In order to minimize these extraneous factors, let us restrict our initial examination to the 60-odd IQ datapoints Lynn and Vanhanen obtained from European countries and their overseas offshoots over the last half-century. Obviously, some of these countries have at times been far poorer than others, but almost none have suffered the extreme poverty found in much of the Third World.

What we immediately notice is a long list of enormous variations in the tested IQs of genetically indistinguishable European peoples across temporal, geographical, and political lines, variations so large as to raise severe doubts about the strongly genetic-deterministic model of IQ favored by Lynn and Vanhanen and perhaps also quietly held by many others. (Unless otherwise indicated, all the IQ data that follow are drawn from their work and incorporate their Flynn adjustments.)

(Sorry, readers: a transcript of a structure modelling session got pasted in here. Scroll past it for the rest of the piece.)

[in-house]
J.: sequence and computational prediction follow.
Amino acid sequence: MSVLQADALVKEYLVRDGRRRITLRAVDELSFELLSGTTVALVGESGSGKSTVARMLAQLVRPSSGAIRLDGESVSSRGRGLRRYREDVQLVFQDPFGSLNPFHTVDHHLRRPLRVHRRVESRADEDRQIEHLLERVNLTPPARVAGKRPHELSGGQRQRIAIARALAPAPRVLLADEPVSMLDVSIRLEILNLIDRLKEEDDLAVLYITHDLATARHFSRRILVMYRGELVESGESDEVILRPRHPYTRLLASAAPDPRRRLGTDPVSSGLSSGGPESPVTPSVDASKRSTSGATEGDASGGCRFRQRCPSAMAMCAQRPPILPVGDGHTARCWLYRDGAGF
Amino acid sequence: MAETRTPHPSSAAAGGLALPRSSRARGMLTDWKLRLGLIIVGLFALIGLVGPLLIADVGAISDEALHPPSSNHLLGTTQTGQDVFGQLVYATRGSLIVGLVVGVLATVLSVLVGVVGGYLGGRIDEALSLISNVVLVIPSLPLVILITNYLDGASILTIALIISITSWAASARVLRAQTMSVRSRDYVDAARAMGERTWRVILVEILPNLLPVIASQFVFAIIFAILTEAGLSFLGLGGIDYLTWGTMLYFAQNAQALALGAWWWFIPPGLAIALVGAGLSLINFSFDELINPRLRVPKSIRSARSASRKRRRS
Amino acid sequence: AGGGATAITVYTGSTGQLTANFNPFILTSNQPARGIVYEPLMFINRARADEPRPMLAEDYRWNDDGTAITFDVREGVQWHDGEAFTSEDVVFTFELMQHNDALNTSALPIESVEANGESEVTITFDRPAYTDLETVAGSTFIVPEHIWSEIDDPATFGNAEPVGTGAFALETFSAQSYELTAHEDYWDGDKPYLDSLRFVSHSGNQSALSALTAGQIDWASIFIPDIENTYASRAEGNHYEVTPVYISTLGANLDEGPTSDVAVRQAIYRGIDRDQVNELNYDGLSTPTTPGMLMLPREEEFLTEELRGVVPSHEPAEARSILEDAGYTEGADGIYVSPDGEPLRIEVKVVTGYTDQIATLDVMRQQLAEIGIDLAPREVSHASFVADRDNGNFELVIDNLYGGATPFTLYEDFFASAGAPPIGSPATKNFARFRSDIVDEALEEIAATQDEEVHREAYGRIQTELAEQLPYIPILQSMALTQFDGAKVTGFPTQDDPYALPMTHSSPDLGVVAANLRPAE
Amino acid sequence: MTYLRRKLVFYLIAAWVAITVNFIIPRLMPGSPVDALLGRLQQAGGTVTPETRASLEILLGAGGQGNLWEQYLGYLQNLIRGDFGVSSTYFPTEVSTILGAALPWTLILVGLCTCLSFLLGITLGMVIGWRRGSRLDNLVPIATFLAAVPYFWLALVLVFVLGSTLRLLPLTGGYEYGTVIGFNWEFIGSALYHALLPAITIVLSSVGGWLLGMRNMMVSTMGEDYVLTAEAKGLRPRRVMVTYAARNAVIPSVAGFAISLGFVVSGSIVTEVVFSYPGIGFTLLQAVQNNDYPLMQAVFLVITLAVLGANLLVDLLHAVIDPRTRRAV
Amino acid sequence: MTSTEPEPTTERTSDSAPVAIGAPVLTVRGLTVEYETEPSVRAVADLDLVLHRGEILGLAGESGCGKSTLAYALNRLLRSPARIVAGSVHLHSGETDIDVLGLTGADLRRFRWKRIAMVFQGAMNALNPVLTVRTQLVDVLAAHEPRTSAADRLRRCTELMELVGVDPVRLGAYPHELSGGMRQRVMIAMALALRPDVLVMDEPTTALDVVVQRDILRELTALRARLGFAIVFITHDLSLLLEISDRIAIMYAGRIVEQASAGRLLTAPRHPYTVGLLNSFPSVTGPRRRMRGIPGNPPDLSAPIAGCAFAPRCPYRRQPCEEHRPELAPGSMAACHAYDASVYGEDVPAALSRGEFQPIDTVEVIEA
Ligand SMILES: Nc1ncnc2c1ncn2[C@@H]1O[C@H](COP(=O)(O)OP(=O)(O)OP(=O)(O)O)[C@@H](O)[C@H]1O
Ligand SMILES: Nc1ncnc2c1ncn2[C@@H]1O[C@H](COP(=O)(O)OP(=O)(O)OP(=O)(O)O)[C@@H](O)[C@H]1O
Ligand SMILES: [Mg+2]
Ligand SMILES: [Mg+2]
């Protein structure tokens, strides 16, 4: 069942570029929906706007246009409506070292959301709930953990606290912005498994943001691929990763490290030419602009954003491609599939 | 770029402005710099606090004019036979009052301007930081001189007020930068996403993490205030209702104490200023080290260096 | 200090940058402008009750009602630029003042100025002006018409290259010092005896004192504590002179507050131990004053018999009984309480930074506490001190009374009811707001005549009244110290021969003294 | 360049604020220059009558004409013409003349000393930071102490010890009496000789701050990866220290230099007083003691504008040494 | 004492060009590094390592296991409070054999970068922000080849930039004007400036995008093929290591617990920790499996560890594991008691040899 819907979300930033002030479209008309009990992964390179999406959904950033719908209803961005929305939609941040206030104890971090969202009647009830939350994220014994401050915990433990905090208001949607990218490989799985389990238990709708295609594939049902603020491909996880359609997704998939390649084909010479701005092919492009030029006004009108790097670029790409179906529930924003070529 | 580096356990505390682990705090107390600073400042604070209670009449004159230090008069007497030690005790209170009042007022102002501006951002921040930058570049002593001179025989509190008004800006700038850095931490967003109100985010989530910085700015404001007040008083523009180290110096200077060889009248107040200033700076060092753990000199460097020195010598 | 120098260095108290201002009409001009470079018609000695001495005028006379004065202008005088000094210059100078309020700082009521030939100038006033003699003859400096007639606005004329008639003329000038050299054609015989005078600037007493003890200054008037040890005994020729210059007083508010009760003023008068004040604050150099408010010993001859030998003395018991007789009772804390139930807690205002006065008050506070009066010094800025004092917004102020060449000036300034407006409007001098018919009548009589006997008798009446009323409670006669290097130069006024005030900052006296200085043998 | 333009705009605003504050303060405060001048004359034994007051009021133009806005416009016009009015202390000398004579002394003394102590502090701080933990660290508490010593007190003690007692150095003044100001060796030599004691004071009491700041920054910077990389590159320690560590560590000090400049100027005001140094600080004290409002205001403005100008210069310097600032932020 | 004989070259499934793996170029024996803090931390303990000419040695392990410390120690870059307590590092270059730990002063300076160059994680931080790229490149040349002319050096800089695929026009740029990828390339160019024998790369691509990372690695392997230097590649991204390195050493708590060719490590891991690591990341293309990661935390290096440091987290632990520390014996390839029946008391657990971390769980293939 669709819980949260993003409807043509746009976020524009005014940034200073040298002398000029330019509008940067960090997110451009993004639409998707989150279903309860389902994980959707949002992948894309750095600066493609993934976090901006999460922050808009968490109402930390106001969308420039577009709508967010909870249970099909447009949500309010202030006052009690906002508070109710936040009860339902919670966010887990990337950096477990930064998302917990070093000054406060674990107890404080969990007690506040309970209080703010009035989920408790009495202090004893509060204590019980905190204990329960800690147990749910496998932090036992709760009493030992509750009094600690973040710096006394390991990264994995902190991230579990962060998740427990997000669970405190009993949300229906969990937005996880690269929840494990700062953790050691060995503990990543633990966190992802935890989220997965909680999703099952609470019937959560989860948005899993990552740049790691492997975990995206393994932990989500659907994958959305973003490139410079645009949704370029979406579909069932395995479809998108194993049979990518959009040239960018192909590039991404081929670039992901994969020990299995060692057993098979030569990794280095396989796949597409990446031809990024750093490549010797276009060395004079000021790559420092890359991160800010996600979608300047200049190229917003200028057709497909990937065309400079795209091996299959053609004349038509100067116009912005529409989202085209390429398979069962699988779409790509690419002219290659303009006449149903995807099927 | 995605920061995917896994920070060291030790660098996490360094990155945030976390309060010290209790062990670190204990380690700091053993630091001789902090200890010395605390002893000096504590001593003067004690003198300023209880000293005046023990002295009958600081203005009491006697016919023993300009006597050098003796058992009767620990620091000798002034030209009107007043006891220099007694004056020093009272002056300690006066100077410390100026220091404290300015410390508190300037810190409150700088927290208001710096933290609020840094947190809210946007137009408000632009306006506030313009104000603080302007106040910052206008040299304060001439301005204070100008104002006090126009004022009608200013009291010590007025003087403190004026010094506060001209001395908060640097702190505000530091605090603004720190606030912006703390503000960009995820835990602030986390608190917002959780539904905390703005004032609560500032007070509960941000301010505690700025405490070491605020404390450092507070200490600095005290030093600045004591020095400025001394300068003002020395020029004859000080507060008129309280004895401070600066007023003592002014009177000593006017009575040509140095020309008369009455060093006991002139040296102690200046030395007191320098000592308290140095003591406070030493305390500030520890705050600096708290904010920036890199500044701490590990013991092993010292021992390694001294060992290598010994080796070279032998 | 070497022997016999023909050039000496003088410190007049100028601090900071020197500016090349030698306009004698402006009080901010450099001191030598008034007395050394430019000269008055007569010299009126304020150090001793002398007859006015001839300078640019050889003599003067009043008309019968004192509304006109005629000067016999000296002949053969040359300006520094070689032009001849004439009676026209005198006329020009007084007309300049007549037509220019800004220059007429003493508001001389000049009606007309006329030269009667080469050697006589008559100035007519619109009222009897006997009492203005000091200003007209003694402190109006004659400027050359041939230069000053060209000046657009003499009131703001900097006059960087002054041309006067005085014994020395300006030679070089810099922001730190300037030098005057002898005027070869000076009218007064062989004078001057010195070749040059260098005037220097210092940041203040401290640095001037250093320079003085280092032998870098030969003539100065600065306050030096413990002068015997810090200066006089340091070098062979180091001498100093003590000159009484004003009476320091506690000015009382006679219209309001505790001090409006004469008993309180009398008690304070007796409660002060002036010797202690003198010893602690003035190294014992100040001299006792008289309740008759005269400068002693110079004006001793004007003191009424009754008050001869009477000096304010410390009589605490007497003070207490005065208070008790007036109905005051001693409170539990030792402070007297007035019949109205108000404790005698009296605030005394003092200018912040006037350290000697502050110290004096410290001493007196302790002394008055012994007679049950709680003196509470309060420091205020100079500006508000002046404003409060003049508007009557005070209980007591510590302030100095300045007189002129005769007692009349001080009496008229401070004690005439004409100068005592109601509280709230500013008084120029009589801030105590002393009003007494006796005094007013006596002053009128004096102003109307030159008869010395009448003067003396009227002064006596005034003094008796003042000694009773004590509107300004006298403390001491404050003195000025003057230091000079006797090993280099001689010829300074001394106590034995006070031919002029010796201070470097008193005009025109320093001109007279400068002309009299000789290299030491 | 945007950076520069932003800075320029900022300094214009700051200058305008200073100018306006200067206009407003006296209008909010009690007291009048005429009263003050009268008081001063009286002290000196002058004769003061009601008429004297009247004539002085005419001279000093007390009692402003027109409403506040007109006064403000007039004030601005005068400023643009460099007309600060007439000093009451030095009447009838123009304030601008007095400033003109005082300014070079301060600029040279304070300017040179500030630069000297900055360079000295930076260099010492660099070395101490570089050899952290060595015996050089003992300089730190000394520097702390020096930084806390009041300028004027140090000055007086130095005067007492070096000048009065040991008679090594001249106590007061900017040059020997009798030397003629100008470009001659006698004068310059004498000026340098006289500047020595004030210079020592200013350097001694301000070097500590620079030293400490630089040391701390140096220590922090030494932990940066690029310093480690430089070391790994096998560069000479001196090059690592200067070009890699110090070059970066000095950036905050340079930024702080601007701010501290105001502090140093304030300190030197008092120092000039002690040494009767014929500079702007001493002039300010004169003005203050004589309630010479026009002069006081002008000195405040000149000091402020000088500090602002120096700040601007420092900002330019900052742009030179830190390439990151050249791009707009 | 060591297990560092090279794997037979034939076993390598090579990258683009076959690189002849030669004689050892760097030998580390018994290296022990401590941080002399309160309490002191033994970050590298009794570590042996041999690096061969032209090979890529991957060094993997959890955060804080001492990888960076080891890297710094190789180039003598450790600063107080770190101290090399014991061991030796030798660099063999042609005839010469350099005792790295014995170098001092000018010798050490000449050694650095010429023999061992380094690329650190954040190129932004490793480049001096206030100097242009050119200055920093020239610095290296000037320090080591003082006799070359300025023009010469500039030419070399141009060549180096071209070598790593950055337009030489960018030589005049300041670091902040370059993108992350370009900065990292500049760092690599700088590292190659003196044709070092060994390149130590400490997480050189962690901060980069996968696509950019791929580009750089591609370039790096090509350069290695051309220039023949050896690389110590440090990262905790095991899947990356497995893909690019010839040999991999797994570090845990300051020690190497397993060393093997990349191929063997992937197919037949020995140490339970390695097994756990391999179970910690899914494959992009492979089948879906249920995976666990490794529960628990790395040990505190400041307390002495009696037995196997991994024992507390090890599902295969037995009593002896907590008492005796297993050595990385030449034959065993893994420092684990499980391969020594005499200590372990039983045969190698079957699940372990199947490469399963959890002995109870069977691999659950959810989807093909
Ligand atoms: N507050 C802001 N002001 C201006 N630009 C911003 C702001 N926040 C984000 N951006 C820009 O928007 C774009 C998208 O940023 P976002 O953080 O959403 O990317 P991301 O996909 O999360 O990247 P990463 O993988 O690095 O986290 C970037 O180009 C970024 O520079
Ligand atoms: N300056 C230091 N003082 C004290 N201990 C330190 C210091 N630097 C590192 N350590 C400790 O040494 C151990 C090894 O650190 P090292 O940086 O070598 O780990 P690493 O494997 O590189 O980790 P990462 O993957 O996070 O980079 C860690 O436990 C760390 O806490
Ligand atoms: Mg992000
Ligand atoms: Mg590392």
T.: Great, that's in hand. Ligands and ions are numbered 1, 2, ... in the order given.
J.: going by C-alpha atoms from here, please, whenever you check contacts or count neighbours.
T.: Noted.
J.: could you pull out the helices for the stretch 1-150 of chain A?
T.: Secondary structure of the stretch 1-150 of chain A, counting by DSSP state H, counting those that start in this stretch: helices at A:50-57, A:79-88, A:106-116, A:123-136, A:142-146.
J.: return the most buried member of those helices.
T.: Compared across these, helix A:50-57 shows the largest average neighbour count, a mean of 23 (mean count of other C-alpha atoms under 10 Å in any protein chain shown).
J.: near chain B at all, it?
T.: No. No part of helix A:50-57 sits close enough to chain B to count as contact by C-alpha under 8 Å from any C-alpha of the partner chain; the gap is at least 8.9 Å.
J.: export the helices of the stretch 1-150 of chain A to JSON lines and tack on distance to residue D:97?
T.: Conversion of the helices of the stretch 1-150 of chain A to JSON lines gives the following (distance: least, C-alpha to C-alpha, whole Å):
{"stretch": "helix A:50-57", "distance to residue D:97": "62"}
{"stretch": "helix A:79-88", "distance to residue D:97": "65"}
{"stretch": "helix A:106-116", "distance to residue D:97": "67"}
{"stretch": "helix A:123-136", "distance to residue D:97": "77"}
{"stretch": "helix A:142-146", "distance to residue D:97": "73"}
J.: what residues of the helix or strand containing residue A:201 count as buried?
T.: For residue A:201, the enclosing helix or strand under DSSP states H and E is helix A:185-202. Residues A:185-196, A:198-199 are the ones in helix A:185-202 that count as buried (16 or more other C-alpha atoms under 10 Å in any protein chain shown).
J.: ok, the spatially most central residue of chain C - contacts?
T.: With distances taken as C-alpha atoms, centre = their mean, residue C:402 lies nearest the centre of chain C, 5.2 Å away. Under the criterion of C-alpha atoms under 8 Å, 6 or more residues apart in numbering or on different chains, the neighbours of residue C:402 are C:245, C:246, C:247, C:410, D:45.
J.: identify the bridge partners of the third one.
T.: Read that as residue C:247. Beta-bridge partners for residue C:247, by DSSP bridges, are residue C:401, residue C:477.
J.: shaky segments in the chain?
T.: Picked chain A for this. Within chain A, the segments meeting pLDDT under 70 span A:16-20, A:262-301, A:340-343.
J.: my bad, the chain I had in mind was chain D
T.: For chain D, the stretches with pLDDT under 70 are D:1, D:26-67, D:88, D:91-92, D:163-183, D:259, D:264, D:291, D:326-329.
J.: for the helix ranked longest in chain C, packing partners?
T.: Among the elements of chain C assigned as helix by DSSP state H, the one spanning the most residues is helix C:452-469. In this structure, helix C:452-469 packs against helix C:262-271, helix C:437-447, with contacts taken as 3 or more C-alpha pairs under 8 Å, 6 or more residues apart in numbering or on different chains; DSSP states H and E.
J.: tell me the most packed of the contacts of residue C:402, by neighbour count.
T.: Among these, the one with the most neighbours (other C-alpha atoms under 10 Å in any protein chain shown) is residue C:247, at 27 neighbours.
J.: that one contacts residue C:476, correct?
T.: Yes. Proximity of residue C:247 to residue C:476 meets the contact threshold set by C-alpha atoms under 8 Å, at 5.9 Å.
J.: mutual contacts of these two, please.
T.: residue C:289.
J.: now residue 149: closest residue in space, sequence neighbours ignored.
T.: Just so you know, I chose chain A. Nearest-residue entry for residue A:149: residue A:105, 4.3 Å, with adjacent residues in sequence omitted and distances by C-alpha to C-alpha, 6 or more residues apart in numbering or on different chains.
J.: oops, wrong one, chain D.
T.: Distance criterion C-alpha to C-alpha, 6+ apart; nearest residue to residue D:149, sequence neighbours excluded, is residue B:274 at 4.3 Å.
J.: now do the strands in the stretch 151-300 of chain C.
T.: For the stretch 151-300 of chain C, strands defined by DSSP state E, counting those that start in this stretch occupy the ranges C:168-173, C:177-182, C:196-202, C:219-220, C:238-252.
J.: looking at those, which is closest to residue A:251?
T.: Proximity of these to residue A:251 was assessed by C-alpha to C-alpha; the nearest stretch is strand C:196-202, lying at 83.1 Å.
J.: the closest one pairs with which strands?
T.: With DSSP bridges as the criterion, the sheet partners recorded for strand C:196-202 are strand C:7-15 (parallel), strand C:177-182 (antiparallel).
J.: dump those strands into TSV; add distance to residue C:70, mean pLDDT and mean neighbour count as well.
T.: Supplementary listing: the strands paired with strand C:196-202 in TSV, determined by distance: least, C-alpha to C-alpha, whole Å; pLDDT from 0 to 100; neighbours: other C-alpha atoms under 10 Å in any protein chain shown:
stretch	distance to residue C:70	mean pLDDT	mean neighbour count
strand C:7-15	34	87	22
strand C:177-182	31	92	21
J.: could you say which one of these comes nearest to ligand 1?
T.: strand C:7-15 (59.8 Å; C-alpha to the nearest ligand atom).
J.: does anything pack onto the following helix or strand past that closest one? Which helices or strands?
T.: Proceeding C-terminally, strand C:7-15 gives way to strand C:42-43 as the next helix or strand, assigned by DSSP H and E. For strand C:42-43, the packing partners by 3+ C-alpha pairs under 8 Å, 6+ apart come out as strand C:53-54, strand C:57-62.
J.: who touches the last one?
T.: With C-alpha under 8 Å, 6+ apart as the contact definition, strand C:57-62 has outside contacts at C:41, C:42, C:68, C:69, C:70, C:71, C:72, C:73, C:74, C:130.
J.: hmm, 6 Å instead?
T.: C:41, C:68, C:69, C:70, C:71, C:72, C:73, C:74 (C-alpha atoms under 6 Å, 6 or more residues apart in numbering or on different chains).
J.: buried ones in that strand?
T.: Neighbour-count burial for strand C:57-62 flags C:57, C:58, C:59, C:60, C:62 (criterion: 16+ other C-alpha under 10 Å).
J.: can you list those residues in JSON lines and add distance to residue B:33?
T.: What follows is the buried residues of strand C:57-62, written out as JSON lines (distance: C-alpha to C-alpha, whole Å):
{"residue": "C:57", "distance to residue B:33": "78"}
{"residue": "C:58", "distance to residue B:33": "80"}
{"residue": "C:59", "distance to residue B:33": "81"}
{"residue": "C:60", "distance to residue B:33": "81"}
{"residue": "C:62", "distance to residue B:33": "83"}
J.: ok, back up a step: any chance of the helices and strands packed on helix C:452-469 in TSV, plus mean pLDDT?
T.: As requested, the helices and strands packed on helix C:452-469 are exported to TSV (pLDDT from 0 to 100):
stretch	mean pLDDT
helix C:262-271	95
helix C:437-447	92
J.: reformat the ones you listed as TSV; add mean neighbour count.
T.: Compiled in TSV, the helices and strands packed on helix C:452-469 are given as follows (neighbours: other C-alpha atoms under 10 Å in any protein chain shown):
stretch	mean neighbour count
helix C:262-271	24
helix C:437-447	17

Consider, for example, the results from Germany obtained prior to its 1991 reunification. Lynn and Vanhanen present four separate IQ studies from the former West Germany, all quite sizable, which indicate mean IQs in the range 99–107, with the oldest 1970 sample providing the low end of that range. Meanwhile, a 1967 sample of East German children produced a score of just 90, while two later East German studies in 1978 and 1984 came in at 97–99, much closer to the West German numbers.

These results seem anomalous from the perspective of strong genetic determinism for IQ. To a very good approximation, East Germans and West Germans are genetically indistinguishable, and an IQ gap as wide as 17 points between the two groups seems inexplicable, while the recorded rise in East German scores of 7–9 points in just half a generation seems even more difficult to explain.